Why Is This Climactic ‘Glass Onion’ Moment So Upsetting?
The Knives Out sequel Glass Onion has finished its limited run in theaters and is coming to Netflix on December 23. The movie is just as good as everyone says it is, and one moment in particular had me literally squirming in my seat. It was deeply upsetting—in a very good way.
Warning: major spoilers ahead!
The plot of Glass Onion centers on billionaire Miles Brown (Edward Norton), who brings a group of old friends to his private island to play a murder mystery game. Like most billionaires, Miles is obsessed with showing off his extreme wealth, and his guests find out that he’s rented the Mona Lisa from the Louvre, which is closed to the public because of Covid.
Miles’s latest venture is a hydrogen-based energy source called Klear. Klear is too dangerous and unstable to release to the public, but Miles is doing it anyway, and he’s managed to coerce everyone into staking their own careers on it. In the film’s climax, Helen Brand (Janelle Monáe) realizes she can ruin Miles and avenge the death of her sister Cassandra if she uses a sample of Klear to blow up Miles’s home. As everything’s burning around them, Helen opens the protective casing around the Mona Lisa and consigns it to the flames.
And my god, that moment felt so real as I watched the film. It was almost physically painful to see the paint blistering and the canvas curling as the painting burned. But why, though? Why was it so awful to see an inanimate object get destroyed, especially when I knew that the real one was perfectly fine?
Why we love the Mona Lisa
The Mona Lisa isn’t just an expensive object. It’s beloved because Leonardo da Vinci was really, really good at what he did, and the genius of the Mona Lisa can’t be replicated. Viewing it is an intriguing experience because of the subject’s “imperfections”—it’s been speculated that Lisa Gherardini, who sat for the portrait, suffered from hypothyroidism—and the depth of personality behind her smile. We feel nothing when Helen breaks the glass sculptures in Miles’s home, but when the Mona Lisa burns, we feel like a friend is dying.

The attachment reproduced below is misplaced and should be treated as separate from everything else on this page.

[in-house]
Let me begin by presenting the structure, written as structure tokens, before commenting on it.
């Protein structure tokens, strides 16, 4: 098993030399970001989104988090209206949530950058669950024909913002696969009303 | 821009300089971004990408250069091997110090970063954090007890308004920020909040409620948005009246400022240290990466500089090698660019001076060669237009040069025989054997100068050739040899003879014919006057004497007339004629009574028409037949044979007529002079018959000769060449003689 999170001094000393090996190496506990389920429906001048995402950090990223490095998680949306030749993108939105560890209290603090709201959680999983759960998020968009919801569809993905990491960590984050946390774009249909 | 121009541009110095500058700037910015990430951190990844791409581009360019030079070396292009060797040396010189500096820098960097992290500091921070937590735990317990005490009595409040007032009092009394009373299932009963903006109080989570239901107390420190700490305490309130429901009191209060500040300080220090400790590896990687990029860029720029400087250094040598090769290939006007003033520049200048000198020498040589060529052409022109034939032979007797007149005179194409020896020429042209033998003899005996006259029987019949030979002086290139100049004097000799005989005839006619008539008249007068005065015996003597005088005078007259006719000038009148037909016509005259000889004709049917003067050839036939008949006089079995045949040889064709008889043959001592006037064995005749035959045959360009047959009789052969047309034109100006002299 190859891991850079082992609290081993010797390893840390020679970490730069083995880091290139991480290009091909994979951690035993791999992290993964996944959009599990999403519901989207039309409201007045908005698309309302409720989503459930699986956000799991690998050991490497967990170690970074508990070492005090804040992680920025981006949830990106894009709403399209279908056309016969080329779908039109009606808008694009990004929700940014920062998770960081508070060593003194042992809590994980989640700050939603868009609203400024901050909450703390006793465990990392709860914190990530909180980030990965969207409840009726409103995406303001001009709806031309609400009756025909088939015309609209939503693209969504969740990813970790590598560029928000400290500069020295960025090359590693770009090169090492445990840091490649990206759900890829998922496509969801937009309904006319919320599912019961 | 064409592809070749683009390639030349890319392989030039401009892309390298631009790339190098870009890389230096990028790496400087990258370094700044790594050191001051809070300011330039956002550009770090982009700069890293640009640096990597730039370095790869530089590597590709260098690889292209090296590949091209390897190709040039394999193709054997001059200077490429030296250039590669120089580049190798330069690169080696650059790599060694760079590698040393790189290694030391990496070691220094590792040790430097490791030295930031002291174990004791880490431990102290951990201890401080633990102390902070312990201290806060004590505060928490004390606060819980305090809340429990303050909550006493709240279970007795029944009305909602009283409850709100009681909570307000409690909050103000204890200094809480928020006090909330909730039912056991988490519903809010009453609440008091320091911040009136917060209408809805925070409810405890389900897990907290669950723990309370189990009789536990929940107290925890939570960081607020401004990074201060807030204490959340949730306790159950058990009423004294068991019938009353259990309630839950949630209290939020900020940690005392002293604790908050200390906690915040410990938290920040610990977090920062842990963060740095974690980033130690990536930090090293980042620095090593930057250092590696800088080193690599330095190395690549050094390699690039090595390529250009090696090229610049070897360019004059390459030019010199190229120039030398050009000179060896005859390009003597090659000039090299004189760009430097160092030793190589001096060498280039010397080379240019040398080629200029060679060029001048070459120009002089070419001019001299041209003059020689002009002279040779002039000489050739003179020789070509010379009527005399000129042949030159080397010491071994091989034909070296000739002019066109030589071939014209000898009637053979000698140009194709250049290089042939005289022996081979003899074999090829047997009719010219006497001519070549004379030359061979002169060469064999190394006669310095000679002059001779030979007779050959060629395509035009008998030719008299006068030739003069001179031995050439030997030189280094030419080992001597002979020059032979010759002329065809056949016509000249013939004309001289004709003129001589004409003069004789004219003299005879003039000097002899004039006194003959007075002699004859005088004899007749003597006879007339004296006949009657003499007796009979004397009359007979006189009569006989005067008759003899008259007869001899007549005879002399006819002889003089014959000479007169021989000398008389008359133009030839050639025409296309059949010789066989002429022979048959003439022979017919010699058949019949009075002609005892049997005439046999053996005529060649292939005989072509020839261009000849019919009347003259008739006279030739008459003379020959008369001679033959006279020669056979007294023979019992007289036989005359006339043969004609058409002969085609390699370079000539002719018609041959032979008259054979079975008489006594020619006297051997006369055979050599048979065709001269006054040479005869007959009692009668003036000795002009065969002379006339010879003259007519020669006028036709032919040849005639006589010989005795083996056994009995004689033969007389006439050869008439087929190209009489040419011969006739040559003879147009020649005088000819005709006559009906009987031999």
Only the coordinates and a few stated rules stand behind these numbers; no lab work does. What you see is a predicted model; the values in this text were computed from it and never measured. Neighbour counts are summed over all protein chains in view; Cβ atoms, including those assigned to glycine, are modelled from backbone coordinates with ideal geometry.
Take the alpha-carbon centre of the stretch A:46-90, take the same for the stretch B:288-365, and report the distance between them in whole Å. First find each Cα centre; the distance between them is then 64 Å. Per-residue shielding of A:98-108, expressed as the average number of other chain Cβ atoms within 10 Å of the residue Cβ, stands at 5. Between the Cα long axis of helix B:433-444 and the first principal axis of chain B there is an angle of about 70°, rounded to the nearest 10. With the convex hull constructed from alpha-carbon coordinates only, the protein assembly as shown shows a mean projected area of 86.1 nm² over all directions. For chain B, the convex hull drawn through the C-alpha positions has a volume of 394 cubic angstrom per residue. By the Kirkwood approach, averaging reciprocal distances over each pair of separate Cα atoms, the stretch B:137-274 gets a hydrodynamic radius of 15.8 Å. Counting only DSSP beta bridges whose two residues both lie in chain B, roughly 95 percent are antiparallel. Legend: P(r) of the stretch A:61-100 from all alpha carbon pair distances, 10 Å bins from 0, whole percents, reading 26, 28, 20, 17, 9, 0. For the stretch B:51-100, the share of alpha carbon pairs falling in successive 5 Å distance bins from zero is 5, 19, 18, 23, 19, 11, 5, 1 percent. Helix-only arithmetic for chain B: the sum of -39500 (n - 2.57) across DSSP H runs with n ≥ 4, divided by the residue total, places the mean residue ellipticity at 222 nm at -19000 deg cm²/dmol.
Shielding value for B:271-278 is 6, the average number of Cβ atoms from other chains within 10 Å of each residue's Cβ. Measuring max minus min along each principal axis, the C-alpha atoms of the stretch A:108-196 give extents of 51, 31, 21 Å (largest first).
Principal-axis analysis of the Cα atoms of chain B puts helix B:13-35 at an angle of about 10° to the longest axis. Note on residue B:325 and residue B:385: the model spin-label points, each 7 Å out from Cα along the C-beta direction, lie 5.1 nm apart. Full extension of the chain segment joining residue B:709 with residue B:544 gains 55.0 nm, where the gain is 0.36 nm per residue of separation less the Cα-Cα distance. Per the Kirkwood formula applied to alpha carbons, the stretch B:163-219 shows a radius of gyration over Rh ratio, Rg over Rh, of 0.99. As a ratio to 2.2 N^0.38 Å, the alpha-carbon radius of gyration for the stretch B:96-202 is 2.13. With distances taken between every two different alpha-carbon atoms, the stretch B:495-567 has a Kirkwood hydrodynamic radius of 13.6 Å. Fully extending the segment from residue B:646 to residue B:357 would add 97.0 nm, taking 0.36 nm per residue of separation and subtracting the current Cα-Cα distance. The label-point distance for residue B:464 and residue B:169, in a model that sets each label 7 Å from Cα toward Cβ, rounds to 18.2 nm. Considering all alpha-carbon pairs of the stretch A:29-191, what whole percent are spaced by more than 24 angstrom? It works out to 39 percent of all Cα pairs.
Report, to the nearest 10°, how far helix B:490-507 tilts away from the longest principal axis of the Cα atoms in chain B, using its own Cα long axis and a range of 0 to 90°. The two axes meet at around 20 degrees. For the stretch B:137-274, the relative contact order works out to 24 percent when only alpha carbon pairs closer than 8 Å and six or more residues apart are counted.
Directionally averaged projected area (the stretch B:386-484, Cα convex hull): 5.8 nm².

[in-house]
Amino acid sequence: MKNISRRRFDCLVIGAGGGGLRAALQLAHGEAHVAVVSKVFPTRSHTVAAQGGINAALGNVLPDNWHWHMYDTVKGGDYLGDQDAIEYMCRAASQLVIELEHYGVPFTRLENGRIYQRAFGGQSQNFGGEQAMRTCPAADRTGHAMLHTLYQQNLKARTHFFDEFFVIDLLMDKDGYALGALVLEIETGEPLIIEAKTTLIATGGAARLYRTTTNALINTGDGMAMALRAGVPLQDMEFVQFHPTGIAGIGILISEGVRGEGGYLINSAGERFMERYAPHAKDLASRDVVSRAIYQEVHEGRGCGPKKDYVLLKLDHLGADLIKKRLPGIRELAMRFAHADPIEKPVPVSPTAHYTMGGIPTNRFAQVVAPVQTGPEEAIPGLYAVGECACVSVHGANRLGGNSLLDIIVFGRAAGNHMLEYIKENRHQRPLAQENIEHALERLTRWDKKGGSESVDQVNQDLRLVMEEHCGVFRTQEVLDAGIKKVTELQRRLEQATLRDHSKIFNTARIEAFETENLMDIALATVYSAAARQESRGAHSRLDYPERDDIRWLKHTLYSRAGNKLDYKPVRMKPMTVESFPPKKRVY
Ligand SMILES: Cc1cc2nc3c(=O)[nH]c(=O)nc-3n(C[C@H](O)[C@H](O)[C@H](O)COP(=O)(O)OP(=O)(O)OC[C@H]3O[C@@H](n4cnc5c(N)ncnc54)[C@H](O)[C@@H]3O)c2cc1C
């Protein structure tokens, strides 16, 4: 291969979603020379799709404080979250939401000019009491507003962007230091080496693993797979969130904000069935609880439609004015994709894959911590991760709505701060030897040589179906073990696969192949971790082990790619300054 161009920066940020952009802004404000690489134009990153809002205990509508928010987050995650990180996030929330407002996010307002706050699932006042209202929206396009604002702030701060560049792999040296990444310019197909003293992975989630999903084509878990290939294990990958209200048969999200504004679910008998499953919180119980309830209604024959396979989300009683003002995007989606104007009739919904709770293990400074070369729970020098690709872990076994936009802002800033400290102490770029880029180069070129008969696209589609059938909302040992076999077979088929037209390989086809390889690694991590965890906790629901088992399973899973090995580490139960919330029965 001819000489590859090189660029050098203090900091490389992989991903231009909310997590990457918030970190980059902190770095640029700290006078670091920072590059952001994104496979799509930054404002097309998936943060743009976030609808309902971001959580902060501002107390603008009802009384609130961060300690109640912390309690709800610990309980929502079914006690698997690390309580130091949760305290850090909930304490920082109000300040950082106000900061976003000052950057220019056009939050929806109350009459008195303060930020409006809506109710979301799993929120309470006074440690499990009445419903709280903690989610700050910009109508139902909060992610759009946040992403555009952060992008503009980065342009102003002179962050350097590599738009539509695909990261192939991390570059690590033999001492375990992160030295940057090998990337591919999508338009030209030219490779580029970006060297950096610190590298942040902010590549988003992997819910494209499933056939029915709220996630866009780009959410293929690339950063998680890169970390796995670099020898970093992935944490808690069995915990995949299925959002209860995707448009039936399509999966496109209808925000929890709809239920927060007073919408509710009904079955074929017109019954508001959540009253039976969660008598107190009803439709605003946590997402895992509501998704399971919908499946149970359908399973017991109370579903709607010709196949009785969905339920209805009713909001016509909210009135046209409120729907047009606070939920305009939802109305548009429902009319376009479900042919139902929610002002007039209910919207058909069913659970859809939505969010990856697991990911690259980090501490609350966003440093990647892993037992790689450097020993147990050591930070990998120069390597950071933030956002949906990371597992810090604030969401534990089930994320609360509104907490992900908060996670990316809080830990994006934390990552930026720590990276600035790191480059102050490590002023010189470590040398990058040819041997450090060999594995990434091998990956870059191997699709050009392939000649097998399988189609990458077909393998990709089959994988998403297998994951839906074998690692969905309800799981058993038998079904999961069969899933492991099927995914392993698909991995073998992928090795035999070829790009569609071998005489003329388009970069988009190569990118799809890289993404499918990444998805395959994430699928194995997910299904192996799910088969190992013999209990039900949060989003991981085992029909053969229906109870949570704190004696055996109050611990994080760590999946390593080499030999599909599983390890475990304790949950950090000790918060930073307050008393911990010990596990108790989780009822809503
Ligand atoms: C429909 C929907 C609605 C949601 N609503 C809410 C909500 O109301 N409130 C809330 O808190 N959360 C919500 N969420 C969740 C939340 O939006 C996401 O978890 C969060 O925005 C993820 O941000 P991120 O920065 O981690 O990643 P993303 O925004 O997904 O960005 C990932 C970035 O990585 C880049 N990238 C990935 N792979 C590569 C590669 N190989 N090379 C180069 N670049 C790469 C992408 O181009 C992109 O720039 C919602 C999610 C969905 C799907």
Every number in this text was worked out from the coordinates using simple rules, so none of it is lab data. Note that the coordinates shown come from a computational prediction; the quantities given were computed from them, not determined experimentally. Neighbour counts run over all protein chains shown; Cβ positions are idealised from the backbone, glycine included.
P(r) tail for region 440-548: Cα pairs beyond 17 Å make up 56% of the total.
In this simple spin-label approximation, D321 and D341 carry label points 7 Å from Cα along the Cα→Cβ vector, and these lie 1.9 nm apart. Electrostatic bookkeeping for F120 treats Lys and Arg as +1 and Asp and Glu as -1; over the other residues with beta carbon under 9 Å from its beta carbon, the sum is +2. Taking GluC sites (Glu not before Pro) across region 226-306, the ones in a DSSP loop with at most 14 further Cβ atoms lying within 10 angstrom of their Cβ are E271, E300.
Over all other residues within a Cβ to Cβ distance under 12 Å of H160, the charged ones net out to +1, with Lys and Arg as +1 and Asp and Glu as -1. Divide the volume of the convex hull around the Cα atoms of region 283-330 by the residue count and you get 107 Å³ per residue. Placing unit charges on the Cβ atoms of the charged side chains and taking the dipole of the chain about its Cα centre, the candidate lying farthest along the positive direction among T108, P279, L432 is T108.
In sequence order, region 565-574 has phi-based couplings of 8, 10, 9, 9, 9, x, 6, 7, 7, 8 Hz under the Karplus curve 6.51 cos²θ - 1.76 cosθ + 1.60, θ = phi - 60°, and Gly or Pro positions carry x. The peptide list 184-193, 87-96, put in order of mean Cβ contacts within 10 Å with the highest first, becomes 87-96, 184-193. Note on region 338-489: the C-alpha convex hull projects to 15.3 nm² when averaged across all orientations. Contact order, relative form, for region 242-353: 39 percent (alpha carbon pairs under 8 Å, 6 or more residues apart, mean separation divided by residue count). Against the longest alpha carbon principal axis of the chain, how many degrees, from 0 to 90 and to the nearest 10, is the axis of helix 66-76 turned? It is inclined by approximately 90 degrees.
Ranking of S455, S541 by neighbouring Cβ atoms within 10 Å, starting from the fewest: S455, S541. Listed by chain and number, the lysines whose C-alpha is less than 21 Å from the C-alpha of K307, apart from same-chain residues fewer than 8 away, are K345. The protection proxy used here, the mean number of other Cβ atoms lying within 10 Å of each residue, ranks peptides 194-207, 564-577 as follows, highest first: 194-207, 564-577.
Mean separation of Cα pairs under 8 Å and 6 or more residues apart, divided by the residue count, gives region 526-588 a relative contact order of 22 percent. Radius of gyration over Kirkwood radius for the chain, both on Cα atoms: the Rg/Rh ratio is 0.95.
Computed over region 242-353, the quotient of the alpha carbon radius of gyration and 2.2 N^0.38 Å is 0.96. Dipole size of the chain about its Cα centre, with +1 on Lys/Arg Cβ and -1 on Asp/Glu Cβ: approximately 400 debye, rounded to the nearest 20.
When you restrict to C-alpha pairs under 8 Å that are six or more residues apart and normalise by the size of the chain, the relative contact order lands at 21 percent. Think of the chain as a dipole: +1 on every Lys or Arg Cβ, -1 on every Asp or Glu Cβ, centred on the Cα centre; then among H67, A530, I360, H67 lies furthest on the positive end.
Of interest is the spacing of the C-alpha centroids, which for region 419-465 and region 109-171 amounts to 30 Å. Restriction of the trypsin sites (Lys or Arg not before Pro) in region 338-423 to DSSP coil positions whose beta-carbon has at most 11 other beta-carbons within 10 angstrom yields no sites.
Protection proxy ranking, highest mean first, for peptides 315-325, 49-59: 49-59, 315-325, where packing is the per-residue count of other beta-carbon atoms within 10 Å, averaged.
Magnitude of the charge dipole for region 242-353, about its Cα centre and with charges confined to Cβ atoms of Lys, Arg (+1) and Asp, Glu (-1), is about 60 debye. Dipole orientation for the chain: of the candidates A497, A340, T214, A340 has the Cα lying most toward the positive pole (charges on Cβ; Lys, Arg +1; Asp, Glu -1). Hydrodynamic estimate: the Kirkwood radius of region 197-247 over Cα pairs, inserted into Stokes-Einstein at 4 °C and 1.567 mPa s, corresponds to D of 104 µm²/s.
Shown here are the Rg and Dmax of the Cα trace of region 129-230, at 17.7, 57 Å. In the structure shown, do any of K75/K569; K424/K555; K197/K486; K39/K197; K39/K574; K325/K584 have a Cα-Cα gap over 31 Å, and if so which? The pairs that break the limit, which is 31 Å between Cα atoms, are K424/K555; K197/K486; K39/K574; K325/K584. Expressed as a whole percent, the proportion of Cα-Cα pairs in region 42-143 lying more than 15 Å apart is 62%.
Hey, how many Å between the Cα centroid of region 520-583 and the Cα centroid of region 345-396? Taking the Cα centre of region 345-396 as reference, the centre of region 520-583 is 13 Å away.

But that’s not the only reason it’s squirm-inducing. Although Miles is the worst person in the room, Helen is the one who pushes the button to expose the painting to the fire. That means that she, not Miles, is the one responsible for its destruction. Does that make her the villain?
Why does Helen destroy the Mona Lisa in Glass Onion?
I’m reminded, here, of the activists who threw tomato soup at Vincent Van Gogh’s Sunflowers as a protest against climate change. The painting was fine, but the action was shocking, and afterwards the activists released a statement about why they’d done it. “What is worth more,” they asked, “art or life? Is it worth more than food? Worth more than justice? Are you more concerned about the protection of a painting or the protection of our planet and people?”
And that’s the issue that complicates Helen’s motives. Yes, she’s avenging Cassandra and getting back at Miles (while ironically giving him the notoriety he’s always wanted). But by proving that Klear is too dangerous to use, she’s also potentially saving countless people from fiery, Hindenberg-esque deaths. Just blowing up the glass onion might have gotten her there, but using Klear to destroy one of the most beloved works of art in the world? That will ensure that no one ever trusts Miles and his schemes again.
The best stories challenge us in ways that can be pretty uncomfortable in the moment. The scene in which the Mona Lisa burns isn’t just shocking—it’s deeply thought provoking, and like Miles’s legacy, it won’t soon be forgotten.
(featured image: Netflix)
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